What interests me about these (mainly young) people is the issue of transparency. Scrolling through my Facebook and Twitter feeds, I was under the impression that the social networks had been obliged by the regulators to use specific words such as ‘Sponsored’ or ‘Promoted’ to flag a piece of content as paid-for. Yet when I look at promoted content on YouTube, like that Kellogg’s campaign with Justin Flom for example, I see no such terms, just #ad in the description of the video. Sometimes.
So what are the precise rules a social influencer has to follow to be fully transparent and stay on the right side of the law? According to Christie Dennehy-Neil, public policy manager at the IAB, the rules are not prescriptive in terms of how precisely you should flag a piece of sponsored or promoted content on YouTube as opposed to Instagram; they merely spell out the requirement to do so. It’s then down to the person making money from promoting the content to decide how they do it.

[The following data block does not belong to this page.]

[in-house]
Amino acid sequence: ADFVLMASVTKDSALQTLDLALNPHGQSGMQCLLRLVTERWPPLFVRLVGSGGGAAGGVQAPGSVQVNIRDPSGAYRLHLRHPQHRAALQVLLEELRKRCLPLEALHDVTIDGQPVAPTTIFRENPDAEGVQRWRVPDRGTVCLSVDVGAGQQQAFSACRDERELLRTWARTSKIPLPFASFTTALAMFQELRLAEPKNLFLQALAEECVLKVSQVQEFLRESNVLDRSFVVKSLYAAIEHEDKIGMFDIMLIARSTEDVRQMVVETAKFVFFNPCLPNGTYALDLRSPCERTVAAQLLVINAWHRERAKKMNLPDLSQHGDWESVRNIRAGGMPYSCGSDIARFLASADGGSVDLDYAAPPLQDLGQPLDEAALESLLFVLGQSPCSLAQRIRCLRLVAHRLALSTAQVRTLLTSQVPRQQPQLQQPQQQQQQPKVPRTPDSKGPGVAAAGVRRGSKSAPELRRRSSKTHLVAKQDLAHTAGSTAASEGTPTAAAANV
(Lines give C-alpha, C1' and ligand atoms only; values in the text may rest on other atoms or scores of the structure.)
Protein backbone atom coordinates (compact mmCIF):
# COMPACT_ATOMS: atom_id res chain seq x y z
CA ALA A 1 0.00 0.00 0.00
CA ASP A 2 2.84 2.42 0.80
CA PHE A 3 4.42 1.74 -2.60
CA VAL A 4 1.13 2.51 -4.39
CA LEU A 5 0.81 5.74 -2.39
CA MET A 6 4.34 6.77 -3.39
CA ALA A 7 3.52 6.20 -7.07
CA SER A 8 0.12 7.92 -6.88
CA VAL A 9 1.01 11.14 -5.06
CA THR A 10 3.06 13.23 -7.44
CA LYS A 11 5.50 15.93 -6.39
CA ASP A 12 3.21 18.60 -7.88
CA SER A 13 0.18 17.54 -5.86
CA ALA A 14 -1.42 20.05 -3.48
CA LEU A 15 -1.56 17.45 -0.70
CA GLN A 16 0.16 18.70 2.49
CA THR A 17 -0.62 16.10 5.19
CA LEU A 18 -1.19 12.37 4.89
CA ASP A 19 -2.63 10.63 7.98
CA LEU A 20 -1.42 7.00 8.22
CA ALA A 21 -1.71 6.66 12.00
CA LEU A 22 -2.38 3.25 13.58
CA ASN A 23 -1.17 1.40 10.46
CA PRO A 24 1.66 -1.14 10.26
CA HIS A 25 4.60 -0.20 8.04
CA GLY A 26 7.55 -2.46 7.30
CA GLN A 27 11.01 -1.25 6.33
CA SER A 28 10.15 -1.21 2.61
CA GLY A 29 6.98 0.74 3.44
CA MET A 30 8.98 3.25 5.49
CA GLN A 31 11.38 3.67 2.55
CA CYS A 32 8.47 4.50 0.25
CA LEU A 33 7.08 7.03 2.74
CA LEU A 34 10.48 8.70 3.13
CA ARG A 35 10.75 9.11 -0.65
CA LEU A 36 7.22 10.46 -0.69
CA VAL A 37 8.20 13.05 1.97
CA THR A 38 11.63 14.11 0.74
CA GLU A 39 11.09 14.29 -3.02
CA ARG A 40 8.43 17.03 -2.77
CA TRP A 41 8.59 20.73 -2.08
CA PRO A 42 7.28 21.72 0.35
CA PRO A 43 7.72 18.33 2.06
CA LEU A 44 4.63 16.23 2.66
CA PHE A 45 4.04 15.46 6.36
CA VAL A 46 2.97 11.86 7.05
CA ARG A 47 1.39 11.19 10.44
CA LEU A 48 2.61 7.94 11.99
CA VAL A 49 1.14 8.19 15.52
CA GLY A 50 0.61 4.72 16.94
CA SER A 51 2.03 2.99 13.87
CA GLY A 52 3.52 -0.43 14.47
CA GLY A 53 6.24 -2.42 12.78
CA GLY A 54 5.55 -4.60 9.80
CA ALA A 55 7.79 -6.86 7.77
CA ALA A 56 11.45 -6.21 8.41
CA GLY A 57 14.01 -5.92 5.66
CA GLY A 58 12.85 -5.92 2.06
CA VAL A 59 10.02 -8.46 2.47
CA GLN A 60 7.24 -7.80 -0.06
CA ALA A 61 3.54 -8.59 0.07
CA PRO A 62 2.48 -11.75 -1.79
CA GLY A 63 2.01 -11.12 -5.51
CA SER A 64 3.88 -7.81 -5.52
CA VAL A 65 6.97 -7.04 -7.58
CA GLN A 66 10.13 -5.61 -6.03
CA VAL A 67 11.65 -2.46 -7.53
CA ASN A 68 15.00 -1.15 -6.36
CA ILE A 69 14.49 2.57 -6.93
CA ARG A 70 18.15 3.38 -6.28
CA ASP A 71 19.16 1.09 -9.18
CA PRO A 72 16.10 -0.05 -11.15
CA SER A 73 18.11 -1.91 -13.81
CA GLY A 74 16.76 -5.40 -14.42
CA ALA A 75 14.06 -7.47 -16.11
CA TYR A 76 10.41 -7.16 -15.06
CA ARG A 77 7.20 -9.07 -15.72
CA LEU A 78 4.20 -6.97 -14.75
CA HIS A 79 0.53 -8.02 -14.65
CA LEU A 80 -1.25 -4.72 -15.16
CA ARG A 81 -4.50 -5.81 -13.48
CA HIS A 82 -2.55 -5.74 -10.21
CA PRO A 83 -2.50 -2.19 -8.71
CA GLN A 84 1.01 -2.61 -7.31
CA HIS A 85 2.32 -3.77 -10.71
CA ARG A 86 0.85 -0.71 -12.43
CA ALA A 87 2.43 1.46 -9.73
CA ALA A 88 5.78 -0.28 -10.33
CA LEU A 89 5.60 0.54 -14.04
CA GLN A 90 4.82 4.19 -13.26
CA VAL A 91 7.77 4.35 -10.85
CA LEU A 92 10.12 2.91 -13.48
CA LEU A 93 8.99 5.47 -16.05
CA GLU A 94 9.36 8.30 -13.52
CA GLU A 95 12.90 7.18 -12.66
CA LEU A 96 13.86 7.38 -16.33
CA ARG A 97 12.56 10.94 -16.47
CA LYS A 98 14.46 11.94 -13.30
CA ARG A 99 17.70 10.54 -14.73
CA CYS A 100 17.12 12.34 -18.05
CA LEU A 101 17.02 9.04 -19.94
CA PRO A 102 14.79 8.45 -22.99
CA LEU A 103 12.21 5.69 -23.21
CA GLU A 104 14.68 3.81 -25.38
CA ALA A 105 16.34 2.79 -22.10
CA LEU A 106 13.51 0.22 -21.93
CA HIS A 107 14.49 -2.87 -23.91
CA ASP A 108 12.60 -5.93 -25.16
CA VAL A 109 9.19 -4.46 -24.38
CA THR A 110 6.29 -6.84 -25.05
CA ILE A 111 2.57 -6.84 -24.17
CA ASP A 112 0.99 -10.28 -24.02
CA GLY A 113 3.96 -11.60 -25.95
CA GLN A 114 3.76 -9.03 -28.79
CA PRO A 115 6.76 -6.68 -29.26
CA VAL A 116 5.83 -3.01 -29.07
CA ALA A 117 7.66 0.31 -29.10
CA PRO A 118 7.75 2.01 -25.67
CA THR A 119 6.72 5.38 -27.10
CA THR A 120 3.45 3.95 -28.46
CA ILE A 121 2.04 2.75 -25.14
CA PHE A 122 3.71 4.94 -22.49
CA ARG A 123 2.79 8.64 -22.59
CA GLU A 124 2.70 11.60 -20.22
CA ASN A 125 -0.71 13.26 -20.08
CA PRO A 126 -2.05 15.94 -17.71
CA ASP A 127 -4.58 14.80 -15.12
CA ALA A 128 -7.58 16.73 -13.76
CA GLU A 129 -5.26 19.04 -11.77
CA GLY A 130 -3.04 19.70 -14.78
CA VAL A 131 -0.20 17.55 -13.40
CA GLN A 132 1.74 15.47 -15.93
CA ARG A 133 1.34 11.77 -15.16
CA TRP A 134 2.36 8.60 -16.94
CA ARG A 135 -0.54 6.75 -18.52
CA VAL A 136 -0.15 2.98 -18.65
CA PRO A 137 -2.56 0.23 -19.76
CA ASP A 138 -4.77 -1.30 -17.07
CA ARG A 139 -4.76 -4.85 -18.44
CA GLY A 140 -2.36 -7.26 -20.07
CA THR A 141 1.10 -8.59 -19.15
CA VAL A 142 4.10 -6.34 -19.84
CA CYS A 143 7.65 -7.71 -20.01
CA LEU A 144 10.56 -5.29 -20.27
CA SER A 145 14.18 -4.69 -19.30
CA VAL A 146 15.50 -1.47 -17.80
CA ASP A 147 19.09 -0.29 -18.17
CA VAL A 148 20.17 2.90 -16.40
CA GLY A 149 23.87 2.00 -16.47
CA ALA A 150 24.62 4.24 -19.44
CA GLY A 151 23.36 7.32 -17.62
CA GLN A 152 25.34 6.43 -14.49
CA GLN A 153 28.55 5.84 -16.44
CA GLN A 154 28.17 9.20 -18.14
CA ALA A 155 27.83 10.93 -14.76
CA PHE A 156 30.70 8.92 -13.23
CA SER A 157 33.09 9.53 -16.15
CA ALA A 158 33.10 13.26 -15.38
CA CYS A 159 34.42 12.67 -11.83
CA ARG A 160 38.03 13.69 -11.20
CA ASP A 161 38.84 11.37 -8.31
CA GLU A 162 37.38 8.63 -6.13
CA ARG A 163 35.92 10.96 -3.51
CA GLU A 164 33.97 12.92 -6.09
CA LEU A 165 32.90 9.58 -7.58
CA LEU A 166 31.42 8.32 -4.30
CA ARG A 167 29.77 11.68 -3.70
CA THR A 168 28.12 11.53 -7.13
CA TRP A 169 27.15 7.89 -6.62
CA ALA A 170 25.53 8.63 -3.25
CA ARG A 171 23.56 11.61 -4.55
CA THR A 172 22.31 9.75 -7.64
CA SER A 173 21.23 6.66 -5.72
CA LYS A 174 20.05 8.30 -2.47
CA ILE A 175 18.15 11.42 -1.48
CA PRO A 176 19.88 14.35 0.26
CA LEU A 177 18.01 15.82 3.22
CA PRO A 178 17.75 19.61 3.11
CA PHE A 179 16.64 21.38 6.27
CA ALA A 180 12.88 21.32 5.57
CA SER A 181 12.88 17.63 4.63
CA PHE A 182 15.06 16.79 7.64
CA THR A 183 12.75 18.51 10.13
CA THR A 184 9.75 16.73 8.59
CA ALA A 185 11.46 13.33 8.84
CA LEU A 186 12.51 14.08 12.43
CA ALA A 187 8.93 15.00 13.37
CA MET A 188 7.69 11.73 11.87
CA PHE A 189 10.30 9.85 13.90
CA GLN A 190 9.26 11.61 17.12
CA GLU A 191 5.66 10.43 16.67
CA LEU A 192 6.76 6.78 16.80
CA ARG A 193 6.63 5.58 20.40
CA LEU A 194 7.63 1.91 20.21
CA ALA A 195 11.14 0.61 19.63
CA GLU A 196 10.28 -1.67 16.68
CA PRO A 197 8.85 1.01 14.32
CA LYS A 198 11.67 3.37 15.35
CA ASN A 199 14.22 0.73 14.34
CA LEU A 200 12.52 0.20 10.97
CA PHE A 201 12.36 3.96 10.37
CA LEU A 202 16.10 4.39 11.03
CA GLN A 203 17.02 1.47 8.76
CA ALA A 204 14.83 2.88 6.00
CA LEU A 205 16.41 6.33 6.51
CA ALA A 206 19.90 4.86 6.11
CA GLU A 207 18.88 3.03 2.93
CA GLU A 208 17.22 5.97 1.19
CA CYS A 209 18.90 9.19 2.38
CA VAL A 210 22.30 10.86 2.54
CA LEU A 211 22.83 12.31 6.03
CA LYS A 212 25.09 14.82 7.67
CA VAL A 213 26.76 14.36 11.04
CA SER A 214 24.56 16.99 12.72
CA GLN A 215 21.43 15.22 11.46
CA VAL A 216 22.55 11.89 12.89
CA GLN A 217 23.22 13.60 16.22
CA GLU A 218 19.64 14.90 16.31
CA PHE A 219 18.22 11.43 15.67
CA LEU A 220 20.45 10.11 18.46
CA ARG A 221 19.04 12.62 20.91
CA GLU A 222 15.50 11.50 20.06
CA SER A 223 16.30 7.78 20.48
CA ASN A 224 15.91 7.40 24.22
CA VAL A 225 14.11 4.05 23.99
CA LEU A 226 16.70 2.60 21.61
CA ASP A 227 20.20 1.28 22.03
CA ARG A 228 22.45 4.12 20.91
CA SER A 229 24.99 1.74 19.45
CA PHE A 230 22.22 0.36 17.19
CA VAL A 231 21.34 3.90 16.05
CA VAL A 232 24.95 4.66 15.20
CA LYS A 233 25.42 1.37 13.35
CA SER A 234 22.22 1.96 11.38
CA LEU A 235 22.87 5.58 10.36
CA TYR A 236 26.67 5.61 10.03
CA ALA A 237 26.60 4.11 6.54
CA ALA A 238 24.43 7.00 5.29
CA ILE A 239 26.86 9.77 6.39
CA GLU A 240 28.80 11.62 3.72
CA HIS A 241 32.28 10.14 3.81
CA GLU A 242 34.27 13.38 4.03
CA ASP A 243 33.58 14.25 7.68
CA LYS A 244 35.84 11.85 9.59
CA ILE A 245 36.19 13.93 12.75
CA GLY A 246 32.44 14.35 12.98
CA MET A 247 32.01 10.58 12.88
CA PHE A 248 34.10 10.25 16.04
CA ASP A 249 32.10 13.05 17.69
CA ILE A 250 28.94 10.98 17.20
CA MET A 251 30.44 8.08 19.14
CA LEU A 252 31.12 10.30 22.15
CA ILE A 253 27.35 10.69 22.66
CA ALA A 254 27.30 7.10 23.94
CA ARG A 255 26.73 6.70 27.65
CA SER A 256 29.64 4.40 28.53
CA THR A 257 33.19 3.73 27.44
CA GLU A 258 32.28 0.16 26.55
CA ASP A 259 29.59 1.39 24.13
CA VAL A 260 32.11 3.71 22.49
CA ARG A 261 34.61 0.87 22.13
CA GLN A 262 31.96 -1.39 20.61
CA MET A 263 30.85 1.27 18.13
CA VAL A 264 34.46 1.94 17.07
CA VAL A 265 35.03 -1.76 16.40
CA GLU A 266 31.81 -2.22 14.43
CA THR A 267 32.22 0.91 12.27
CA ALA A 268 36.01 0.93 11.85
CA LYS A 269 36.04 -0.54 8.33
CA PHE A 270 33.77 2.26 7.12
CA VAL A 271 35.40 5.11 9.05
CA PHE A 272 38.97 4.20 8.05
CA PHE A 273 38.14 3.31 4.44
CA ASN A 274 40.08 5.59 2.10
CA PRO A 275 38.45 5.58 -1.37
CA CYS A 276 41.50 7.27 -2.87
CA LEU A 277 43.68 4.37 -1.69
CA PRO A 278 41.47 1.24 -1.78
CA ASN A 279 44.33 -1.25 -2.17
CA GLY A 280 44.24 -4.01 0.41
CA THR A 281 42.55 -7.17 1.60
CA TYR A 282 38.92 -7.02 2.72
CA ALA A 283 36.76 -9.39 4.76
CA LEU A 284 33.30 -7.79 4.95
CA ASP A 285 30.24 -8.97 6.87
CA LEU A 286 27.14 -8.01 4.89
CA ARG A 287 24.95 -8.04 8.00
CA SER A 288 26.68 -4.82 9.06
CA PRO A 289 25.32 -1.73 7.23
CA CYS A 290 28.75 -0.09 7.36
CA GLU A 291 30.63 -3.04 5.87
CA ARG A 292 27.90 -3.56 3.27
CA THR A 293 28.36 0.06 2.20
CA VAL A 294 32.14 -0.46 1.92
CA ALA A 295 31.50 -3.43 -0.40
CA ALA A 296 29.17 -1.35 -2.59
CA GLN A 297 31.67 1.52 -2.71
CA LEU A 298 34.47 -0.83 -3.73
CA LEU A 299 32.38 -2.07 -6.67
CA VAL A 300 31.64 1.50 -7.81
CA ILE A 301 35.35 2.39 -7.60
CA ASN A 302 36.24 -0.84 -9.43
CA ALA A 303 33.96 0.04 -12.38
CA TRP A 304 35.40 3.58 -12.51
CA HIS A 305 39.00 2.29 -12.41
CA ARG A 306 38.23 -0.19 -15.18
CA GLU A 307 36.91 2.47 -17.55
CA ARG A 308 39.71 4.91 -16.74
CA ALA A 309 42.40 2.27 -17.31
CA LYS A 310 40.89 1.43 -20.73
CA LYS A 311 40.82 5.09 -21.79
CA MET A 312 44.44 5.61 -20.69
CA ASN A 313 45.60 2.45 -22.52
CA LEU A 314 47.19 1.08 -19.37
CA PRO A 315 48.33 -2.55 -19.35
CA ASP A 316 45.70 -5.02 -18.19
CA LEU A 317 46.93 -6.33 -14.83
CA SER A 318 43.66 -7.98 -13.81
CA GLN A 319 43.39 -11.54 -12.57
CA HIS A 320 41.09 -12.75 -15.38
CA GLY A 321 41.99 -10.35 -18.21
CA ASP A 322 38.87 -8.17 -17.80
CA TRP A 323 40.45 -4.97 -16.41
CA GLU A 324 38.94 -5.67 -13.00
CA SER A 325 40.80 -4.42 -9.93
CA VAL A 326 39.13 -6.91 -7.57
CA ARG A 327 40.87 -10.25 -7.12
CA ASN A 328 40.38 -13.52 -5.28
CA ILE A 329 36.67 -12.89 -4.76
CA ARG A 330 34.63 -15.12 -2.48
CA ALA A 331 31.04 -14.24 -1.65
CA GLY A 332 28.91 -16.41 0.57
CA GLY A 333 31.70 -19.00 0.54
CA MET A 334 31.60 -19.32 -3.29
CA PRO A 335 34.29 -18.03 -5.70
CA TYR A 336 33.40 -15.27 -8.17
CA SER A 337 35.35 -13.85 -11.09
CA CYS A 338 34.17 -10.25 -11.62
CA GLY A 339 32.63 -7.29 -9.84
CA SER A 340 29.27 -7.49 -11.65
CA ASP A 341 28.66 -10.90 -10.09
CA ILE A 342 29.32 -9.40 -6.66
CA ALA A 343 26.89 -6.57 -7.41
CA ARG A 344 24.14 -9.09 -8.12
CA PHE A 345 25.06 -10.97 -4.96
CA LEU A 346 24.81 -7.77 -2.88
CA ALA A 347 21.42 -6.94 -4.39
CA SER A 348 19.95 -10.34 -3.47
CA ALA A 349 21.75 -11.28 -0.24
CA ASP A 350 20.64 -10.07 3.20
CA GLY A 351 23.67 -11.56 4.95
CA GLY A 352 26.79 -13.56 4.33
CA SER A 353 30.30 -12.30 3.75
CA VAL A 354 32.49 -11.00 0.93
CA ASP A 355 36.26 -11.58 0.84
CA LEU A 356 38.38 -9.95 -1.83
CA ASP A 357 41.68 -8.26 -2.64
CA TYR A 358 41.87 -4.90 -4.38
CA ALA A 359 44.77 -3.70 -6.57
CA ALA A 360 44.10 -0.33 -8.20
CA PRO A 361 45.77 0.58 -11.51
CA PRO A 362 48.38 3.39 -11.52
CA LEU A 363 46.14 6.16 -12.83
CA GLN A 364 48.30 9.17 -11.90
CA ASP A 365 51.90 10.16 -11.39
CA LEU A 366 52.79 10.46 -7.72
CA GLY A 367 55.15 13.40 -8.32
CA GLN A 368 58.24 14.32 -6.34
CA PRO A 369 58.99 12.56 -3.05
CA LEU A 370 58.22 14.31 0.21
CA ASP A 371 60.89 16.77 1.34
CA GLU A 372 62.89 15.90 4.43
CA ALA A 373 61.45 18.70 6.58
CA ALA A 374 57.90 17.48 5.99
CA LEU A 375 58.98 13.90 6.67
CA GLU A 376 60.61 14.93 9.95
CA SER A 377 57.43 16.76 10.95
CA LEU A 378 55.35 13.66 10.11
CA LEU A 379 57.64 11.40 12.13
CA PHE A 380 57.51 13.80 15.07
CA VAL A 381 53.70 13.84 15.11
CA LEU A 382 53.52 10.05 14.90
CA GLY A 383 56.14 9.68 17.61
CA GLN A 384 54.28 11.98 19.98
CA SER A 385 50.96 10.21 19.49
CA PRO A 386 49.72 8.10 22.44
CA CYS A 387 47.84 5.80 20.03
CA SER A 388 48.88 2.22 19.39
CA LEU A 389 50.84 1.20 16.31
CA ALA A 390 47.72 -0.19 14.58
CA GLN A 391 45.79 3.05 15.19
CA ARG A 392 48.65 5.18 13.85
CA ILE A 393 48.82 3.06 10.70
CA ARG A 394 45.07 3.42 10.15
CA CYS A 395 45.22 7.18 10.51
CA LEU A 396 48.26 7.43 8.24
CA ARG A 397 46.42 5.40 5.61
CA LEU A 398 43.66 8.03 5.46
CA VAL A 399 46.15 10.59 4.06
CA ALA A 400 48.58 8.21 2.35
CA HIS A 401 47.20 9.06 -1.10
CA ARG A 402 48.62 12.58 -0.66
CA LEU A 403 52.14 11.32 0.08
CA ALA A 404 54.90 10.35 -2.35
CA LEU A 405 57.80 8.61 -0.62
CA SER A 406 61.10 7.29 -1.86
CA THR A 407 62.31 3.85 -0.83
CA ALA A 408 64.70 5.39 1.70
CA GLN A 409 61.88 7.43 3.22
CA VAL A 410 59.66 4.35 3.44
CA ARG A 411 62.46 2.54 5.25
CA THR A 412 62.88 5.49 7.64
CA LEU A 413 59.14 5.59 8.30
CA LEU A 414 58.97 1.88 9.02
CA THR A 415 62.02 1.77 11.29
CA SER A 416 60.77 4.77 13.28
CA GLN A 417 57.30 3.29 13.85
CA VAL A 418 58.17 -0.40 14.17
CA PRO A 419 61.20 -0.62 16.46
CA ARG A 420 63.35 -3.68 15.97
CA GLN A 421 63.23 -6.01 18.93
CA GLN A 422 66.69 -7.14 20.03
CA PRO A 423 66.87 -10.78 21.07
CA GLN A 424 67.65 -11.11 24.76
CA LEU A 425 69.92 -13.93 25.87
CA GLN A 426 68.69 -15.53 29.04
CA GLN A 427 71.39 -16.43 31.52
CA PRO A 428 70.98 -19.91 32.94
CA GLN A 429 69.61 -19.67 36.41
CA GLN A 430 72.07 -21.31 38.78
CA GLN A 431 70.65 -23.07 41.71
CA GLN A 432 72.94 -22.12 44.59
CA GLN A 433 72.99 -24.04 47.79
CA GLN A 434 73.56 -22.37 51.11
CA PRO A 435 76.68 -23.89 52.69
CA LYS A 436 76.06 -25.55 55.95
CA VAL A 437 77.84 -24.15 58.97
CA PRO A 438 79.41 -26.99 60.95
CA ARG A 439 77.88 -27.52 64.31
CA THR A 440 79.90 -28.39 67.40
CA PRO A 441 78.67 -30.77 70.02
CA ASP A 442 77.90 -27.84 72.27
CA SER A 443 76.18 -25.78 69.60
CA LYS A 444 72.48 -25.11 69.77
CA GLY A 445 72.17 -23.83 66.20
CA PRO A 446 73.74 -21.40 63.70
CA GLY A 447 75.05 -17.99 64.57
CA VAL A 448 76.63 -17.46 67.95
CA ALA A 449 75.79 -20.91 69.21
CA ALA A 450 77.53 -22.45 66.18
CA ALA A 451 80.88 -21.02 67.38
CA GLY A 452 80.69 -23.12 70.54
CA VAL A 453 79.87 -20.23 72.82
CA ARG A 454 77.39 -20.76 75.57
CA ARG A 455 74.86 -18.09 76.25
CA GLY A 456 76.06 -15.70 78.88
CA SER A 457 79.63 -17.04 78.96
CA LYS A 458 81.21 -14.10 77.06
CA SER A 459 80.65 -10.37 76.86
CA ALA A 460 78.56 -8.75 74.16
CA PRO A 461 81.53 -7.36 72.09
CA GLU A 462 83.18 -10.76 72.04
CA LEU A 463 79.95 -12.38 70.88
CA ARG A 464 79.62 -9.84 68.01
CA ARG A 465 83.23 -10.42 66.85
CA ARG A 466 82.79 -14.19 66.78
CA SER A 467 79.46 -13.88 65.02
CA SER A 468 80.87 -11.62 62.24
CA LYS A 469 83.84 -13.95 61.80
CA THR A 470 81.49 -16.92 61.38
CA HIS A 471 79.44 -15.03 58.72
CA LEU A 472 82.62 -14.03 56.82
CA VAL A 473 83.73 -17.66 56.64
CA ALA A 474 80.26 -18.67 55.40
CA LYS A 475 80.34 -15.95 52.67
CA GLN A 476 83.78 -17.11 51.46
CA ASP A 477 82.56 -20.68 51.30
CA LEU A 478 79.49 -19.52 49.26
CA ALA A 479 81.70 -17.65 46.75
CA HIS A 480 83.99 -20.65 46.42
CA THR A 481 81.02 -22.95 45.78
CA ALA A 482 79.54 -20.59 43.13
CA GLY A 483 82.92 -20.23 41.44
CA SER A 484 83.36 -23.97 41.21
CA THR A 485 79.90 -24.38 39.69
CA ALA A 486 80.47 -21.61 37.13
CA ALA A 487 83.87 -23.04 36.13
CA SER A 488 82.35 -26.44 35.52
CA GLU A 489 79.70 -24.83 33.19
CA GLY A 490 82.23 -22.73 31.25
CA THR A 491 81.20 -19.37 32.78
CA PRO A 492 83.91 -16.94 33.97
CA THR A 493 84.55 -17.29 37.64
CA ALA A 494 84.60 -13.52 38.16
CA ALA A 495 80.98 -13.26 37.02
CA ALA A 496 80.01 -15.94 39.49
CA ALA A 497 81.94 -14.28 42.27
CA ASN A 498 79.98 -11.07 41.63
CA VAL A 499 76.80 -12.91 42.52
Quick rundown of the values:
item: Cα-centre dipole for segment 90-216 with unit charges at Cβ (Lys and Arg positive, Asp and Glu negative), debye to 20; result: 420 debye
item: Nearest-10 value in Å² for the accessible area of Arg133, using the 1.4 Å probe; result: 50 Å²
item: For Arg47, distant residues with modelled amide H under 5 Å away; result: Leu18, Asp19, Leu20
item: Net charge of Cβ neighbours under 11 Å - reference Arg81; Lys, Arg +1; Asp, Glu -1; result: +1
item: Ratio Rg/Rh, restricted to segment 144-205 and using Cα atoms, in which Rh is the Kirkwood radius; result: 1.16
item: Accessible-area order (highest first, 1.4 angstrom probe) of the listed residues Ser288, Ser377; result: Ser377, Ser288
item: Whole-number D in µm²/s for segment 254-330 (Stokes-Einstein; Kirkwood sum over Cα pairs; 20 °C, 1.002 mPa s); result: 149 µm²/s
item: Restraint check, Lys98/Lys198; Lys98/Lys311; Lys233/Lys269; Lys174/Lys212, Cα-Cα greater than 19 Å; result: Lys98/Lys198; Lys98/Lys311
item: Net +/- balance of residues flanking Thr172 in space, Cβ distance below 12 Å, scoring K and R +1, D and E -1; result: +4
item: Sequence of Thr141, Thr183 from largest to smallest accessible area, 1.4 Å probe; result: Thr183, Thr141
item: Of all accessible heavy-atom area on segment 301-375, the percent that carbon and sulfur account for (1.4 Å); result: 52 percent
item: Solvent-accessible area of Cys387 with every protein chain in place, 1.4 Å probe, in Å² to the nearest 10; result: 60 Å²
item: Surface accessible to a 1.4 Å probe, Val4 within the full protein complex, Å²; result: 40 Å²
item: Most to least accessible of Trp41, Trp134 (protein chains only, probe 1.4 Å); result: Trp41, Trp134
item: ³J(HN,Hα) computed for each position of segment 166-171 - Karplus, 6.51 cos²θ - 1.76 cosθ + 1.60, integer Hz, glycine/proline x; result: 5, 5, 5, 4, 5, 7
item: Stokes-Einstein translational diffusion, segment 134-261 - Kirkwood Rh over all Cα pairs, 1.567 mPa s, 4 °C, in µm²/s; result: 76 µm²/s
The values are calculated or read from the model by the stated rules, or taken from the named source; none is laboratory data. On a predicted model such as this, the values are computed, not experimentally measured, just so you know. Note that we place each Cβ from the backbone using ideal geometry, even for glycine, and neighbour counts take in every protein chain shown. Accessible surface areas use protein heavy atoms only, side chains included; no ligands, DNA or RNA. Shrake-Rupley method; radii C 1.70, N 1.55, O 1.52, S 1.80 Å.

“You have the underlying legislation – the Consumer Protection from Unfair Trading Regulations 2008 - and then the specific advertising rules, the CAP (Committee of Advertising Practice) Code,” she told me. “Both – the underlying legislation and the CAP Code – are media-neutral; the channel is not relevant. If it is advertising, the rules apply, but there are different ways to apply them, so it’s not a case of: ‘This is how you do it on in YouTube and this is how you do it on Twitter.’”